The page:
• committed researcher, demonstrated by publications in the top machine learning, computer vision, or other top scientific conferences and journals;
  • enthusiastic about Machine Learning and Science and how to interface them
  • the ability to implement and evaluate machine learning algorithms in Python with deep learning toolkits (PyTorch, TensorFlow);
  • the ability to implement and evaluate simulations with partial/stochastic differential equation solvers using state-of-the-art libraries;
  • the ability to work well in teams and communicate fluently in written and spoken English.
We offer a temporary employment contract for 38 hours per week for a period of 24 months. The preferred starting date is as soon as possible.

The gross monthly salary, based on 38 hours per week and dependent on relevant experience, ranges between € 2,960 to € 4,670 (scale 10). This does not include 8% holiday allowance and 8,3% year-end allowance. The UFO profile Researcher 4 is applicable. A favourable tax agreement, the '30% ruling', may apply to non-Dutch applicants. The Collective Labour Agreement of Universities of the Netherlands is applicable.

Besides the salary and a vibrant and challenging environment at Science Park we offer you multiple fringe benefits:
  • 232 holiday hours per year (based on fulltime) and extra holidays between Christmas and 1 January.
  • Multiple courses to follow from our Teaching and Learning Centre.
  • A complete educational program for PhD students.
  • Multiple courses on topics such as leadership for academic staff.
  • Multiple courses on topics such as time management, handling stress and an online learning platform with 100+ different courses.
  • 7 weeks birth leave (partner leave) with 100% salary.
  • Partly paid parental leave.
  • The possibility to set up a workplace at home;
  • A pension at ABP for which UvA pays two third part of the contribution.
  • The possibility to follow courses to learn Dutch;
  • Help with housing for a studio or small apartment when you're moving from abroad.
Are you curious to read more about our extensive package of secondary employment benefits, take a look here.

Faculty of Science
The University of Amsterdam is the Netherlands' largest university, offering the widest range of academic programmes. At the UvA, 30,000 students, 6,000 staff members and 3,000 PhD candidates study and work in a diverse range of fields, connected by a culture of curiosity.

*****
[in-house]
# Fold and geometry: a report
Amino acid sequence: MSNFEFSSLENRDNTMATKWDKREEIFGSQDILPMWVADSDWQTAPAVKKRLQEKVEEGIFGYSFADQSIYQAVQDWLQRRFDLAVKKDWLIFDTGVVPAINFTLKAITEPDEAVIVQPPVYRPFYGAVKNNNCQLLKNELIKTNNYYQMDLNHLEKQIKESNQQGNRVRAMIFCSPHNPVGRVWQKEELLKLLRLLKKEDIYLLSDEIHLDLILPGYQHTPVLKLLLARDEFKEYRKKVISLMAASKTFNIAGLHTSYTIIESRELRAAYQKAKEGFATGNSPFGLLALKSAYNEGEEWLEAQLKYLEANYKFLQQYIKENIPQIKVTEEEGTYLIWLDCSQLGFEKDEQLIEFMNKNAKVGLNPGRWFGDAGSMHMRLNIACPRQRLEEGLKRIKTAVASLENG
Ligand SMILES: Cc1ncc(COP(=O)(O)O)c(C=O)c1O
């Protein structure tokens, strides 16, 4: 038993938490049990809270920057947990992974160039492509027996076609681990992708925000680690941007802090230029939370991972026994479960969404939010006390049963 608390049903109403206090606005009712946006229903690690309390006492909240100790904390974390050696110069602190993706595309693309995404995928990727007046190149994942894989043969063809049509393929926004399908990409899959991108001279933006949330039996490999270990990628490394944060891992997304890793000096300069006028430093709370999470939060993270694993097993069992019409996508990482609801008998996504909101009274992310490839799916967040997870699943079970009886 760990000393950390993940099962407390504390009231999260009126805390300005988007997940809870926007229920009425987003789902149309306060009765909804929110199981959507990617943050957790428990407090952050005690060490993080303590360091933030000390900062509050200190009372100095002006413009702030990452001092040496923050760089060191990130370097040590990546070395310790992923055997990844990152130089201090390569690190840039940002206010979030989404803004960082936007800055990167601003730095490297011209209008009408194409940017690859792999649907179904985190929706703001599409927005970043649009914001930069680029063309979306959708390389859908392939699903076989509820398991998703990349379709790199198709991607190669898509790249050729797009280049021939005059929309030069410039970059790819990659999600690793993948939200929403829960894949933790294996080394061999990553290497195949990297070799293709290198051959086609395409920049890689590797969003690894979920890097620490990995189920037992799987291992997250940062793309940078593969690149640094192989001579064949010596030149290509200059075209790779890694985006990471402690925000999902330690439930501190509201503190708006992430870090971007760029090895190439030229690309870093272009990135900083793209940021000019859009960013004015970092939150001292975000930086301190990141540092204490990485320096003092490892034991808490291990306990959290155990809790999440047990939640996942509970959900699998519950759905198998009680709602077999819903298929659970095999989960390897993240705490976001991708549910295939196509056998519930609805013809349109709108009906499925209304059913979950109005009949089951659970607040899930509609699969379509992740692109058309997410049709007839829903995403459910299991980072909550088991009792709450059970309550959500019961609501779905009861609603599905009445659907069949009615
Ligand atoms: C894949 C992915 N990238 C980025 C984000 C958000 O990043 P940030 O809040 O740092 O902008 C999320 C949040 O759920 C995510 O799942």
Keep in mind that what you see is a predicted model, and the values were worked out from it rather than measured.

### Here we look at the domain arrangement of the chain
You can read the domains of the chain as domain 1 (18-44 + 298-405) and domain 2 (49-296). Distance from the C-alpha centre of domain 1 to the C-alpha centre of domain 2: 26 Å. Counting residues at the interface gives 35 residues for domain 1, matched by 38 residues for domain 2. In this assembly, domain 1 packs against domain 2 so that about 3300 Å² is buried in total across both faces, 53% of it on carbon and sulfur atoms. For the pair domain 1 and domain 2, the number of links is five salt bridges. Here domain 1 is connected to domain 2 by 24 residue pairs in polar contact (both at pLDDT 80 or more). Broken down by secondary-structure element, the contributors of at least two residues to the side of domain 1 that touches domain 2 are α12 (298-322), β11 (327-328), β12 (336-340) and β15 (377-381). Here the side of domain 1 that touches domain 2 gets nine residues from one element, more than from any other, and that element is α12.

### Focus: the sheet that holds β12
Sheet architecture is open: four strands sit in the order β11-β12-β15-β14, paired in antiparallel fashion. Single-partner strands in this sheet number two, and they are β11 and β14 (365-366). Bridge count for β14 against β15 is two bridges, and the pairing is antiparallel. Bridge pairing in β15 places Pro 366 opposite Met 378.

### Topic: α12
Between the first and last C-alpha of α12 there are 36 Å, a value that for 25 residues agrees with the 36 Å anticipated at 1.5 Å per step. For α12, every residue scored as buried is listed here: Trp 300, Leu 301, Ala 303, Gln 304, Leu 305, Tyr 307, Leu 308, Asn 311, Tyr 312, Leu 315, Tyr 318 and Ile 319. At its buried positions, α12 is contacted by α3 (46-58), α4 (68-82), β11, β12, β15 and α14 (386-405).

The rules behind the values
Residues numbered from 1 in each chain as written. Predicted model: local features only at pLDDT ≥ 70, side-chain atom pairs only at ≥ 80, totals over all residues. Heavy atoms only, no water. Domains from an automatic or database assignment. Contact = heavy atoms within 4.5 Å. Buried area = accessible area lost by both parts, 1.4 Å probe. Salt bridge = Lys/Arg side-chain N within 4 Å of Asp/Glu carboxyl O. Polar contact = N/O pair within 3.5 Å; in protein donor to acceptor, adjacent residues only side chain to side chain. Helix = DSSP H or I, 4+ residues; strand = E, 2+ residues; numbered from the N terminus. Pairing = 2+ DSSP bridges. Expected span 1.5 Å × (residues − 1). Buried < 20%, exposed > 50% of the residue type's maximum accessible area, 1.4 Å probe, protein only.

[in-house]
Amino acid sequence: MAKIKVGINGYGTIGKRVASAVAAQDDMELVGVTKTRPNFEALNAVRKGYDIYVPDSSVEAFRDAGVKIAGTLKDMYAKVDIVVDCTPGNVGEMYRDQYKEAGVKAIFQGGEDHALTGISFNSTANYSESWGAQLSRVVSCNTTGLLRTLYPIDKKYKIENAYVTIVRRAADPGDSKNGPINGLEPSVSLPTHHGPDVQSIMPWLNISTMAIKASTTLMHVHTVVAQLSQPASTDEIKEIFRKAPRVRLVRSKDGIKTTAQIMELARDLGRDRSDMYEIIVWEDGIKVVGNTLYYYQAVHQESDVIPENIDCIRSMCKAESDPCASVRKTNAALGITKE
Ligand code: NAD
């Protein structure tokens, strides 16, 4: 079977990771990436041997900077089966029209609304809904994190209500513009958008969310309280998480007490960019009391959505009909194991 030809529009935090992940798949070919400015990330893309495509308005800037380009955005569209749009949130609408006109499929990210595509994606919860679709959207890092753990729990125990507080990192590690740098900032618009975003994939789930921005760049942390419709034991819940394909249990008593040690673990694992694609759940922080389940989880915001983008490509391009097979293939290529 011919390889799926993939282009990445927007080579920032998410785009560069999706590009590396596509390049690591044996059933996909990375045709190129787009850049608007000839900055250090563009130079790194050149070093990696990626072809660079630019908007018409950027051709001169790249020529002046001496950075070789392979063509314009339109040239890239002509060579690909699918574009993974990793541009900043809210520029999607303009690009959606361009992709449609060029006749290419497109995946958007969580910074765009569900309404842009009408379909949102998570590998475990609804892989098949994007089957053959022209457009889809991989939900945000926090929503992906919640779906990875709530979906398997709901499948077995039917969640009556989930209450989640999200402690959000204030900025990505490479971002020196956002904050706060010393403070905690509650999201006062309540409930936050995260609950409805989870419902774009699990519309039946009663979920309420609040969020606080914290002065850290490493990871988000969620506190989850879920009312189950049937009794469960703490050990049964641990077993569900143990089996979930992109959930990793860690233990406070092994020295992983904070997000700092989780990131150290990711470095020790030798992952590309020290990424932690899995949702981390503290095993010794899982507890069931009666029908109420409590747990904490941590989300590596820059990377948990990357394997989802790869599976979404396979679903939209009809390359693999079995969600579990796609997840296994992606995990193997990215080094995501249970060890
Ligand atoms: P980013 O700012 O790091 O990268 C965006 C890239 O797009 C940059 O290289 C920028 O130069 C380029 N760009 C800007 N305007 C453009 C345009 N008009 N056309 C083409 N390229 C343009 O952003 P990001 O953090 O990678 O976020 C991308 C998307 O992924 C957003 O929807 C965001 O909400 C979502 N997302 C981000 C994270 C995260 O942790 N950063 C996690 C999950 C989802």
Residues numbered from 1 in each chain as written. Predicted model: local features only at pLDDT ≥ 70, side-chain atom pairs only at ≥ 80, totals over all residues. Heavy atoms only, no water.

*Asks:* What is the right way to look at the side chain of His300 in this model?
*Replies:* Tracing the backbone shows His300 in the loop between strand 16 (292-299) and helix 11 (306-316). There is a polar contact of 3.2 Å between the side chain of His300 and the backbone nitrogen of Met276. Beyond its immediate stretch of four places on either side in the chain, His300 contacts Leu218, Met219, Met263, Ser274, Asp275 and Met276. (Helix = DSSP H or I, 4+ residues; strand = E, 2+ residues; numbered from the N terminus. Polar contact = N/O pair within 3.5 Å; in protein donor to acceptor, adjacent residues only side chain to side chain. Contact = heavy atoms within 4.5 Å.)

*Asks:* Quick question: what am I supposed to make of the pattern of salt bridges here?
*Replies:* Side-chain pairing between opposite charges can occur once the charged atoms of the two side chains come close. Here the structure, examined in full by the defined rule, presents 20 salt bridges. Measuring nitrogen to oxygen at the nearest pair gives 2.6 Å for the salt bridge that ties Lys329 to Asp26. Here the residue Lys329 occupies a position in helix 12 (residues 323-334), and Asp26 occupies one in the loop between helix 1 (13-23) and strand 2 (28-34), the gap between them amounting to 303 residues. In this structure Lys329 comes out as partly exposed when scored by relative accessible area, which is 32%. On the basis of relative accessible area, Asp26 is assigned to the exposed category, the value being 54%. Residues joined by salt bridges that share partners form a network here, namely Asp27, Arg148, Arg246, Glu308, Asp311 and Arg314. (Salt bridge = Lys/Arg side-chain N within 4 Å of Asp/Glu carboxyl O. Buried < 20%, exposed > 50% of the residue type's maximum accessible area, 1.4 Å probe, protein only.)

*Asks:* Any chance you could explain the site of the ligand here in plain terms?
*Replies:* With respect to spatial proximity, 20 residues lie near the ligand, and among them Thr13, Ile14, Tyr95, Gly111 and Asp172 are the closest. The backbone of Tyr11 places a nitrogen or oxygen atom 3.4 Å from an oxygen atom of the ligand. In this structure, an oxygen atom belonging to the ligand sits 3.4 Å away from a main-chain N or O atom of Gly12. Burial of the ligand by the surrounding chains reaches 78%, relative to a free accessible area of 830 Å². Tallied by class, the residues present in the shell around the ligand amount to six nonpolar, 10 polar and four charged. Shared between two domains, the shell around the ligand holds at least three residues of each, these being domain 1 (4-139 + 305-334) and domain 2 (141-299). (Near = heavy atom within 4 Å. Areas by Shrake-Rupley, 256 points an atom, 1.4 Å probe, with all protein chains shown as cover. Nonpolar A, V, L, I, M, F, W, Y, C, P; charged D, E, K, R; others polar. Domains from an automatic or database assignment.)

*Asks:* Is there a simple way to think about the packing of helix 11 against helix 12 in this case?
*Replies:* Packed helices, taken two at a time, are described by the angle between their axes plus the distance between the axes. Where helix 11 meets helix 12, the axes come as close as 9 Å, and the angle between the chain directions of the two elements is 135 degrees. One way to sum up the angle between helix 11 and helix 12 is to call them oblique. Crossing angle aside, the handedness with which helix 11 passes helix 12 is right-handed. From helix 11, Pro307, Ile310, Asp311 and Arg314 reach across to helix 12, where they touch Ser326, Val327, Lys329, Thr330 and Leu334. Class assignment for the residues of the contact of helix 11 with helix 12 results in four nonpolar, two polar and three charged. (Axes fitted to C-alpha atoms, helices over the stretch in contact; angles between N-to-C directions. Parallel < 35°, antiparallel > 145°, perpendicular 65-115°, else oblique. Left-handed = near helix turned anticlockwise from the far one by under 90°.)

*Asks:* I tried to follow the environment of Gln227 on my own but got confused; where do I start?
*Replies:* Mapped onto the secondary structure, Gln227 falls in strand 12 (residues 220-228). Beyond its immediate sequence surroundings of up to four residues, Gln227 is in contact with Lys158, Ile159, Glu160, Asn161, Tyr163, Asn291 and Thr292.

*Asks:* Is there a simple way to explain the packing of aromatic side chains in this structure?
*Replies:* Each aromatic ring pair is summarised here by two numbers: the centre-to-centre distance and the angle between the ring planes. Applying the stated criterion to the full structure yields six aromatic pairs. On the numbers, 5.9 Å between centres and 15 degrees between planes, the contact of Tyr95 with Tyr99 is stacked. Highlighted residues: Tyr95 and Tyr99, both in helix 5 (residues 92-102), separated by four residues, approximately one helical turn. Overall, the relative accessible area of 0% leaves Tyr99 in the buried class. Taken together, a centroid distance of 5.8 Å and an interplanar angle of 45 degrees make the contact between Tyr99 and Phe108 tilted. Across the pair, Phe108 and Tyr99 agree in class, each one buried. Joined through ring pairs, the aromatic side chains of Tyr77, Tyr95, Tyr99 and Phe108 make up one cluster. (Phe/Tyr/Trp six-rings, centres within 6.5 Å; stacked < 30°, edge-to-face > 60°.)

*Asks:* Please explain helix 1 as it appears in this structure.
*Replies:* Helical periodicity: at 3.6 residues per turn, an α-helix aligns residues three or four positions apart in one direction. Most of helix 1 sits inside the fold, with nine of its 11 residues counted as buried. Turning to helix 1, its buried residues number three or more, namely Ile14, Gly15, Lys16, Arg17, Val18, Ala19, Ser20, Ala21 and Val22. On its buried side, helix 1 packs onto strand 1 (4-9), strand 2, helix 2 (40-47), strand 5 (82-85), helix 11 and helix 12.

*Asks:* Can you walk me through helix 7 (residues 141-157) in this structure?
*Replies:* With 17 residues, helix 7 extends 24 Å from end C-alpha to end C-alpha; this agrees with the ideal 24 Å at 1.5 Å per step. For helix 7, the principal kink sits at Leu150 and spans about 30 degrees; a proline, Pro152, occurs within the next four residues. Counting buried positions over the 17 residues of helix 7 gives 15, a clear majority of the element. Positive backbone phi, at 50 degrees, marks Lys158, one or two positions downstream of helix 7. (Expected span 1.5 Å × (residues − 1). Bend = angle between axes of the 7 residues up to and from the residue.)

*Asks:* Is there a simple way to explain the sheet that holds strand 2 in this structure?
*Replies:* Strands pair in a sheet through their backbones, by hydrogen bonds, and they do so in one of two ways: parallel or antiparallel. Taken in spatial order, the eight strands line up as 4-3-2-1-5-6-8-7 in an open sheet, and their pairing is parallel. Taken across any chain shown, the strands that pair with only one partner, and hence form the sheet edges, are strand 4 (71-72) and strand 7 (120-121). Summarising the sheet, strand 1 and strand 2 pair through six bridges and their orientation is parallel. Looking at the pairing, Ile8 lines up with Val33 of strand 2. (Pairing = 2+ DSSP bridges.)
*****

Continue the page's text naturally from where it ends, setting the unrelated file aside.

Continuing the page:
The Faculty of Science has a student body of around 8,000, as well as 1,800 members of staff working in education, research or support services. Researchers and students at the Faculty of Science are fascinated by every aspect of how the world works, be it elementary particles, the birth of the universe or the functioning of the brain.

The mission of the Informatics Institute (IvI) is to perform curiosity-driven and use-inspired fundamental research in Computer Science. The main research themes are Artificial Intelligence, Computational Science and Systems and Network Engineering. Our research involves complex information systems at large, with a focus on collaborative, data driven, computational and intelligent systems, all with a strong interactive component.

The Video & Image Sense lab (VIS) studies computer vision, deep learning and cognitive science, making sense of video and images with artificial and human intelligence. It positions itself within the AI research theme, with clear links to the Data Science theme of the Informatics Institute.

The VIS Lab is strongly embedded in the larger UvA and Amsterdam artificial intelligence ecosystem with connections to multiple public-private Innovation Centres for AI (ICAI) labs and spin-off's including Kepler Vision Technologies and Ellogon.ai.

The position is with Dr. Efstratios Gavves, Associate Professor in the Informatics Institute at the University of Amsterdam. Dr Gavves and ERC Starting Grant laureate, who is more than happy to help with mentoring on how to develop an excellent academic profile, including how to work on a vision, prepare proposals, and of course collaborate in excellent research. At the University of Amsterdam, we have an open and friendly attitude to open research, collaborations, and independent thinking.

Want to know more about our organisation? Read more about working at the University of Amsterdam.

Do you have any questions or do you require additional information? Please contact:
  • Efstratios Gavves, Associate Professor on Computer Vision and Deep Learning.
  • T: +31 (0)681495511